d27bf707540f4e8a953834fc2744ba02 7 Steps To Teaching One Step Directions To Children With Autism | Autism Little Learners

7 Steps To Teaching One Step Directions To Children With Autism

7 Steps To Teaching One Step Directions To Children With Autism

Teaching young children with autism one step directions can be a struggle!  Every school year, I have new students who have goals and objectives for imitation and following one step directions, and every year, my team and I start with the basics when teaching them. I’ll be honest and tell you that when I have a student that is not able to imitate me yet, I panic a bit.  Imitation is a KEY to learning!  I know that as a speech/language pathologist, I need to get on that ASAP.  I’ll let you in on a secret...I don’t panic anymore, because I have put a system into place that works!  I’m so happy to share it with you. I hope this system and hierarchy for teaching children with autism imitation and one step directions works for you too!  First, just a little dose of reality.  For some children, this hierarchy works really quickly and they make fast progress.  For others, it can feel slow and arduous.  Just keep pressing forward!  Some students just need a LOT of repetition to make that connection in their brain.  They will get there!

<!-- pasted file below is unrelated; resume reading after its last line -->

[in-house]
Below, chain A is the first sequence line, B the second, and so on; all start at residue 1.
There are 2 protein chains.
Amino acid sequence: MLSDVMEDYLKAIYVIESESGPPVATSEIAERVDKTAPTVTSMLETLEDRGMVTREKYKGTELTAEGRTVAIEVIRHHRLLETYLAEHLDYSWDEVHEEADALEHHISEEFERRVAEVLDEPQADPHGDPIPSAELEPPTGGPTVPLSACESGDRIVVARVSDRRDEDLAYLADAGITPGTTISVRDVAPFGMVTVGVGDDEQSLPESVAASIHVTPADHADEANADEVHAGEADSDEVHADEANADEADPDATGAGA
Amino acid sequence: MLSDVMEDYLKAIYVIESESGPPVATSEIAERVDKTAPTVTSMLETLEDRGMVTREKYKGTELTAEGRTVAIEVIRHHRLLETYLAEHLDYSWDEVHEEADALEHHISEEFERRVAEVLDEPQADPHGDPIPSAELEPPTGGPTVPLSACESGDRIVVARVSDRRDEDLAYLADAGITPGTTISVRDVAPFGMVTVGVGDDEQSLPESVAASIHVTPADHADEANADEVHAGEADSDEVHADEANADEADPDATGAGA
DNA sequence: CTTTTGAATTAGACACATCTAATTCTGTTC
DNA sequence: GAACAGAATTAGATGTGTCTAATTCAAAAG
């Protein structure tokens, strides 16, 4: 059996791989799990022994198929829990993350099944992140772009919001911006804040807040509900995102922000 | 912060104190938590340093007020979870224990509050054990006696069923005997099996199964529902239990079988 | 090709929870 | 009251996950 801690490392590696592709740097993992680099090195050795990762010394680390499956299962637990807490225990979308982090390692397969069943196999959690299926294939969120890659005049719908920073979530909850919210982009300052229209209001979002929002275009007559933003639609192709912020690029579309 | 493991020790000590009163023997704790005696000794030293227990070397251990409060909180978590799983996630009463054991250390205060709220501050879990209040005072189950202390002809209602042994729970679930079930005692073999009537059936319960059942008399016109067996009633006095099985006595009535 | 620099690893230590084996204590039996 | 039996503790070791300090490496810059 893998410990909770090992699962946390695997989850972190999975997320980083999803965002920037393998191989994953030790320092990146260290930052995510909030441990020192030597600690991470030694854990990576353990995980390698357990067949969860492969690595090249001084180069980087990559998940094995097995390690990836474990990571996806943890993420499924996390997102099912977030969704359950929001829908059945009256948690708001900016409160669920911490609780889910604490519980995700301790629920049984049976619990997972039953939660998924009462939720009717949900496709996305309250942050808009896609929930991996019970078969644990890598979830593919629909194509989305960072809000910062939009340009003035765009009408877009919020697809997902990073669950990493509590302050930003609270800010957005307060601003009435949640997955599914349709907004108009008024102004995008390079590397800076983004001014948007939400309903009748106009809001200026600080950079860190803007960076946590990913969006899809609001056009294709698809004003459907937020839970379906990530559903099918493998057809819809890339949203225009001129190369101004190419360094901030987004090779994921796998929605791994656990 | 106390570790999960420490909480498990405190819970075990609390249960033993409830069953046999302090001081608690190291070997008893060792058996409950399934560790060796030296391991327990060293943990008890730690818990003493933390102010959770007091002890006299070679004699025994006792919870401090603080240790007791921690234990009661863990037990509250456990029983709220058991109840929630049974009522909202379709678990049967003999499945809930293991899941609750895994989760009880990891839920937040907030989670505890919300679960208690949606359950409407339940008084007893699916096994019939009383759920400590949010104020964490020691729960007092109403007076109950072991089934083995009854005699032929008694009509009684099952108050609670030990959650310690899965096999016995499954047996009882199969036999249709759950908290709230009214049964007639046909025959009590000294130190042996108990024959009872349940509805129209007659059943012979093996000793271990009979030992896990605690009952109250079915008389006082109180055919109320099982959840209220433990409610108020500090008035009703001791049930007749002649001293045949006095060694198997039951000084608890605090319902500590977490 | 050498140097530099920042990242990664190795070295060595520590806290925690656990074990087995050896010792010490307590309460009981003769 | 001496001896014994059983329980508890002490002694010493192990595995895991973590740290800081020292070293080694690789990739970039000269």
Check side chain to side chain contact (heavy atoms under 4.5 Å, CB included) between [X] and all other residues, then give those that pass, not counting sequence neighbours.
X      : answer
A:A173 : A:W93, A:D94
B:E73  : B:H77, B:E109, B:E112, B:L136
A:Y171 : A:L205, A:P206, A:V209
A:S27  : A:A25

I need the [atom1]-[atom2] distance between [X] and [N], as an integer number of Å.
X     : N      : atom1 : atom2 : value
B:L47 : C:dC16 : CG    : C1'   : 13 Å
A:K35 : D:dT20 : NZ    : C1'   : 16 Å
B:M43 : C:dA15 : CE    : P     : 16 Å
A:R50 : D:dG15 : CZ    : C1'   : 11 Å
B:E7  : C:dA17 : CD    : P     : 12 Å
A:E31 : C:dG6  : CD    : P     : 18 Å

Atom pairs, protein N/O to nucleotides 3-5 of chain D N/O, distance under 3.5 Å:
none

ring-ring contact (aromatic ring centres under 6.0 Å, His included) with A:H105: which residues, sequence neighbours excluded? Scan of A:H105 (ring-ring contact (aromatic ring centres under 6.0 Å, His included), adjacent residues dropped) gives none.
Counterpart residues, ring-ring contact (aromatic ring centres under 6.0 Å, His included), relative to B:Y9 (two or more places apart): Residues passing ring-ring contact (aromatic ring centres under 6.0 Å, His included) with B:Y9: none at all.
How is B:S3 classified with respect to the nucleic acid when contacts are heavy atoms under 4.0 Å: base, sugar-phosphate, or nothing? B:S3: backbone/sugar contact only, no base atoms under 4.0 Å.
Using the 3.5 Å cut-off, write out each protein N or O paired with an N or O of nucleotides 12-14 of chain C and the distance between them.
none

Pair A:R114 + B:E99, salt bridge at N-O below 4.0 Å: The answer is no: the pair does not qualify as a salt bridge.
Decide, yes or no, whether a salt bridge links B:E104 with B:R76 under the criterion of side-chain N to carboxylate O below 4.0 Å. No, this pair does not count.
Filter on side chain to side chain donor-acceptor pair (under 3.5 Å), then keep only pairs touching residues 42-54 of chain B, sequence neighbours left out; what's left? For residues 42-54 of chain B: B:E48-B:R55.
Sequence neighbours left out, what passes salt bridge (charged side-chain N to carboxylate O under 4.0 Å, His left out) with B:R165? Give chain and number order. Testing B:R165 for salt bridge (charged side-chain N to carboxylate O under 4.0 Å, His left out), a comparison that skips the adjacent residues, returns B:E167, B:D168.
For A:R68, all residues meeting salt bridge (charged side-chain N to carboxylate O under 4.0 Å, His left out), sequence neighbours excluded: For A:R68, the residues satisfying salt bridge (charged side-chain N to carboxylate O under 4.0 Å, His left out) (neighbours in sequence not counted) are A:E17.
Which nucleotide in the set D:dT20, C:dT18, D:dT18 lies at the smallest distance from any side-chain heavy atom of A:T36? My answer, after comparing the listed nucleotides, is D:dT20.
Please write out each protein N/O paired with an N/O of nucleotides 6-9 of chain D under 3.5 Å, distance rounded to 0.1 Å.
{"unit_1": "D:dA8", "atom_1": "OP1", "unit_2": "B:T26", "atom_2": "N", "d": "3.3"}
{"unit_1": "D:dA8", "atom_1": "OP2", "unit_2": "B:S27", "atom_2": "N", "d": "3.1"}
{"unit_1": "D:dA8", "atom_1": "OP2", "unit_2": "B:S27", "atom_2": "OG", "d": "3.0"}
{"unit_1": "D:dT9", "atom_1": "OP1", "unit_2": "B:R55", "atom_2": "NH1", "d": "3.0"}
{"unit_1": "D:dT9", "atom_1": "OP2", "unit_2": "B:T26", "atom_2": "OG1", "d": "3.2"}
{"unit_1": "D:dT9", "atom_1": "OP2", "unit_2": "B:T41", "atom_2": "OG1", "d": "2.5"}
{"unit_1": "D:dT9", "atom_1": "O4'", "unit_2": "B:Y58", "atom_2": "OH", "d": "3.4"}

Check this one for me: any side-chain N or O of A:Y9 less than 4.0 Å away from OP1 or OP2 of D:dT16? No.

It’s best to teach motor imitation before moving on to more complex skills like following one and two step directions or verbal imitation.  This skill is such a huge building block for everything else, that it should be one of the first things on your radar when you start working with a new student who doesn’t exhibit this skill yet.   To start, say “do this” and clap your hands.  If your student is not able to copy you, follow these steps:


1.  FULL PHYSICAL CUE:  Start with the cue “do this”. After giving that cue, you perform the motor action (clap hands), and then immediately use a full physical cue to help the student clap their hands (hand over hand prompting).  Use a data sheet and track how they are doing.


2.  PARTIAL PHYSICAL CUE:  Give the cue “do this”, then place your hands on your student’s elbow and push in a bit to see if it cues them to finish the motor action of clapping their hands.


3.  VERBAL CUE ONLY:  Say “do this” and clap your hands.  When your student is able to imitate this consistently, then move on to a new action, such as “stomp feet”.  When introducing a new motor action, you may have to back up to step 1 in order to help them learn it.  Then, once it is mastered, you can start to alternate between the two actions and take data.  After that, continue on until your student can imitate a variety of motor actions.  I usually start with 10 motor actions.  Once they have those down, give yourself a high five and move on to step 4.

Motor Imitation for Children With Autism

Next, you will move from IMITATION to teaching the child to follow simple VERBAL directions.  Start with the same motor action(s) that you have just taught.


4.  VERBAL DIRECTION WITH VISUAL CUE:  Research shows time and time again that children with autism are visual learners, so a visual cue showing them what to do can be very helpful to bridge the gap in understanding how to follow one step directions.  Use a picture depicting what you want your student to do (e.g. “clap hands”).  You can take real pictures or purchase a simple set of visual supports that will provide a clear visual cue for your student.  Give the direction “clap hands” at the same time that you show the picture.  Take data on how your student does.  If they are not able to follow the verbal direction using the visual cue, move to step 5.